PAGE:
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Indigenous People’s Economy, Myths and Realities

Jumjournal

Last updated Jun 5th, 2020 icon 1418

The economy of the people (particularly the indigenous peoples) is mostly based on agriculture.

According to Land Revenue Administration Report of 1965-66, the total area of the CHT was 32,59,520 acres, the total cropped area was 2,23,002 acres, and the net cropped area being only 1,30,000 acres.

That means, less than seven percent of the land in CHT is suitable for cultivation.[1]

The amount of land for plough cultivation is even less. The construction of Kaptai Dam in the early sixties, which submerged 54,000 acres or 40 percent of the most fertile plough lands of the CHT, added to the already existing land crisis in the CHT.

The topography and soil condition of the CHT made the people resort to Jum cultivation.

Besides Jum, plough cultivation is also practiced by the indigenous people in the plainlands, mostly in the river valleys.

Previously, Jum not only provided enough food to feed families, but also created surplus.[2]

But the situation is quite different now. The CHT, once a food surplus area, has now turned into food deficit area.[3]

The old observation, “Misery, undernourishment and starvation, a well-known feature in Bengal plains, did not exist in the hills.”[4], is no longer true.

After the Kaptai dam, some indigenous people, mostly living in and around the reservoir area, took to fruits gardening as a source of their livelihood.

Some even took to fishing, previously an unappreciated occupation to the indigenous people.

The fruit gardeners did not fare too badly during the initial years.[5]

But later they could not maintain the trend due to deteriorating soil condition and lack of adequate marketing facilities.

Problems of Population Growth

In Bangladesh, more than 121 million (in 1995) people are squeezed into an area of 1,47,570 sq. kilometers.[6]

Until the seventies, the rate of population growth in the CHT was almost similar to the one in all of Bangladesh. But between 1974 and 1981, the growth rate became abnormally high.

During this period, while the population growth rate in Bangladesh was about 18 percent, it was 47 percent in the CHT.

This abnormal growth in population in the CHT has been caused due to government sponsored, planned in-migration of Bengali settlers from the plains.

The ratio of indigenous and Bengali population in the CHT was 91:9 in 1951 and 88:12 in 1961. But in 1981 the ratio became 59:41.[7]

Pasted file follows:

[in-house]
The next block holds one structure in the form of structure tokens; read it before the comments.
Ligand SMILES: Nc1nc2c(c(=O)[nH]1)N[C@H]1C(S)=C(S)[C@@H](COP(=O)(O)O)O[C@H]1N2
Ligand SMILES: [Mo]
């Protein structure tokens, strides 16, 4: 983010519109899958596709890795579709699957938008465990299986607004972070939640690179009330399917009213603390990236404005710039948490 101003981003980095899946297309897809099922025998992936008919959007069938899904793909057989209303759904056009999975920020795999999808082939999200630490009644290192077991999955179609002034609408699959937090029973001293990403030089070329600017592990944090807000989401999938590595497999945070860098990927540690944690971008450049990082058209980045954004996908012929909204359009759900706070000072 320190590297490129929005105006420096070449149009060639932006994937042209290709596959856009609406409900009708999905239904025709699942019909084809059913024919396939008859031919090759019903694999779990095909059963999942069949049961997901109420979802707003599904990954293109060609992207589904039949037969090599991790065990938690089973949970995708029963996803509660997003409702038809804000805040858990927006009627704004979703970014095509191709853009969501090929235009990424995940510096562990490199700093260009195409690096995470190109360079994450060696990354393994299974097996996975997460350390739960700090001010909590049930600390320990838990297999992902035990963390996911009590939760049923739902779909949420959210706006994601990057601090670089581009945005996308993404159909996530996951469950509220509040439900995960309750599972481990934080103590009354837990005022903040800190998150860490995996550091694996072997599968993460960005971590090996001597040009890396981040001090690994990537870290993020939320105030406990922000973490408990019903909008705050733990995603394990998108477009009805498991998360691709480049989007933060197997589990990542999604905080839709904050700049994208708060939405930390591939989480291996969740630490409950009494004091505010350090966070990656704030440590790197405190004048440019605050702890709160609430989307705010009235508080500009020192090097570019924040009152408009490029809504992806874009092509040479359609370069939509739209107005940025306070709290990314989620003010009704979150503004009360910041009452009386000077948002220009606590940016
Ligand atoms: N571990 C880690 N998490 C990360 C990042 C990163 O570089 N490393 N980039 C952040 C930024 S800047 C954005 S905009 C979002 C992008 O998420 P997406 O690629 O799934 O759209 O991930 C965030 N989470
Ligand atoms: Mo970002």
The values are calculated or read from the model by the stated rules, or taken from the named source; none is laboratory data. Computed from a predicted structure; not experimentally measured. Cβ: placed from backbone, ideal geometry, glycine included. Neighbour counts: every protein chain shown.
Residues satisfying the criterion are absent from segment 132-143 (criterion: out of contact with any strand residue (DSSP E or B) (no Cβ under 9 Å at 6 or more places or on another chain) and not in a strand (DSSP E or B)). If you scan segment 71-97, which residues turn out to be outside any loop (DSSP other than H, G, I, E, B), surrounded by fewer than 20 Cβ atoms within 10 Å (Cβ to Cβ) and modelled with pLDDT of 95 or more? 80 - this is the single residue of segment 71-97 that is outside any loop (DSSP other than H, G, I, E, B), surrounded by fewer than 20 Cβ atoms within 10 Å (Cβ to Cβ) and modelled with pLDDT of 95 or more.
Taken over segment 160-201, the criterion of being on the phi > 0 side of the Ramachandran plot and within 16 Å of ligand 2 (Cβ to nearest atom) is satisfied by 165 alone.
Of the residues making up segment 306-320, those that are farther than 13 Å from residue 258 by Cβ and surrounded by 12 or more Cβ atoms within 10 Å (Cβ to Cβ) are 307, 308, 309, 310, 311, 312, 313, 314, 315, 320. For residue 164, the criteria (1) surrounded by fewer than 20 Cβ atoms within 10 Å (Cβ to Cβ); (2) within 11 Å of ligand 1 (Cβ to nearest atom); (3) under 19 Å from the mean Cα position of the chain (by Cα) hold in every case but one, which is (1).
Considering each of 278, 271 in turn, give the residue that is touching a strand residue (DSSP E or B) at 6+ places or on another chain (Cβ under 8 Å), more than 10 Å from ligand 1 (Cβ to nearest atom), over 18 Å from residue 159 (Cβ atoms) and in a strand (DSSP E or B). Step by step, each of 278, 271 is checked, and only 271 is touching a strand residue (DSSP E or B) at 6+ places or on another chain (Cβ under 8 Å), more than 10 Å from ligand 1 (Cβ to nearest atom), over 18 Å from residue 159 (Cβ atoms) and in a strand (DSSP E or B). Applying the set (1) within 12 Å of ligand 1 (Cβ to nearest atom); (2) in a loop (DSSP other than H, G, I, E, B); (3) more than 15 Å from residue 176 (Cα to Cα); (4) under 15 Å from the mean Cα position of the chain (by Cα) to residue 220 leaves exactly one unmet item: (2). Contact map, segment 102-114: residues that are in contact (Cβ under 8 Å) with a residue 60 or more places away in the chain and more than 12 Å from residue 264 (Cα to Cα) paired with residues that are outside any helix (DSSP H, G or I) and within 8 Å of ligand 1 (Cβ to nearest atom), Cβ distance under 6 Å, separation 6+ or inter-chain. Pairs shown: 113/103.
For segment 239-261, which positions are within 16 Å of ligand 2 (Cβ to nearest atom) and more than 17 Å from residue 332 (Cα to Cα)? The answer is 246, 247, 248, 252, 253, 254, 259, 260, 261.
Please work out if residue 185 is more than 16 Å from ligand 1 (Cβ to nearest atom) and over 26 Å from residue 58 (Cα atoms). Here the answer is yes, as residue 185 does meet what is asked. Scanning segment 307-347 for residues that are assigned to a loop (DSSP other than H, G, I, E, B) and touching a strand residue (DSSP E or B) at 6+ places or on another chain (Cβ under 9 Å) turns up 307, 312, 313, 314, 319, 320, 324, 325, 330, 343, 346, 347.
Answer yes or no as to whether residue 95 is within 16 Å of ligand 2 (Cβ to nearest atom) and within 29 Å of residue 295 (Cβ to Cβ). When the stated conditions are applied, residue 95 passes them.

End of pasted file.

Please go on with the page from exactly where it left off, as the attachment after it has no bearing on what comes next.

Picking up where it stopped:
There are reports that during 1960-1987 (mostly during late seventies and early eighties) about 580,000 Bengalis were settled in the CHT under state sponsored settlement programmes.[8]

The planned settlement of Bengalis has caused enormous harm to the already miserable economic condition of the indigenous people.

The land crisis became more acute (forceful dispossession of indigenous peoples’ land was a regular phenomenon) and the occupational structure of the indigenous peoples also changed.

Classified into two major categories of occupation, Agriculture and Non-agriculture, it was found that in 1961 about 87 percent of the total working force in the CHT was engaged in agriculture and it came down to 59 percent by 1981.[9]

Historically, the indigenous peoples are agriculturists.

The sudden change in occupation (without having time and facilities to pursue other occupations) made many indigenous people ‘fish-out of water’.

Effects of Commercialism

Historical and geographical conditions made indigenous people in CHT less conversant with modern trade and commerce.

Earlier, because of their traditional right to land and abundance of forest resources, the indigenous peoples did not have to depend on the market for making livelihood.

They depended on the market only for purchase of a few items such as salt, dry fish, agricultural appliances, etc.

They used to barter their surplus agricultural and forest products in exchange for these items from Bengali traders.

The advent of commercialism in the CHT brought in more negative than positive impact on the economy of the indigenous peoples.

Firstly, the commercial trickeries were unknown to them and even by nature they disliked these.

Secondly, they were somewhat ignorant about the concept of private property and commercial value of land and other properties.

Thirdly, and most importantly, they were (and still are) victims of unscrupulous businessmen.

As in the past, trade and commerce in the CHT is absolutely controlled by Bengali traders from the plains.

They hold top business and commercial positions and most of the shops in the market and commercial places are owned by them.[10]

They have established near monopolies in wholesale and retail trades, in credit and in transport and other service sectors.

One would hardly find any indigenous person holding top commercial and business positions.

Thus, the Bengalis hold relatively higher forms of production relations in almost all the sectors of the CHT economy.

Because of this advantage and because of the natural operation of market forces, the Bengalis will continue to exploit their innocent indigenous brethren.

The common concept of the rich becoming richer (implying the Bengalis) and the poor becoming poorer (implying the indigenous peoples) under the market economy seems to be inevitable in the CHT, unless remedial measures are taken immediately.

Effects of Industrialization

The state of industrialization in the CHT is low even by Bangladesh standard.

However, the CHT holds some key industries like Karnafuli Paper and Rayon Mills, Kaptai Hydro-electric Project, Wooden and Timber Factory, Boat Building Industrial Corporation, Dockyards, Aziz Industries, etc.

But, most of the employees/workers in these industries are imported from outside the CHT.

At one stage of normal operation, the Karnafuli Paper Mill employed only 14 hillmen out of the total labour force of 3,290 persons.[11] The picture is almost same with respect to other industries.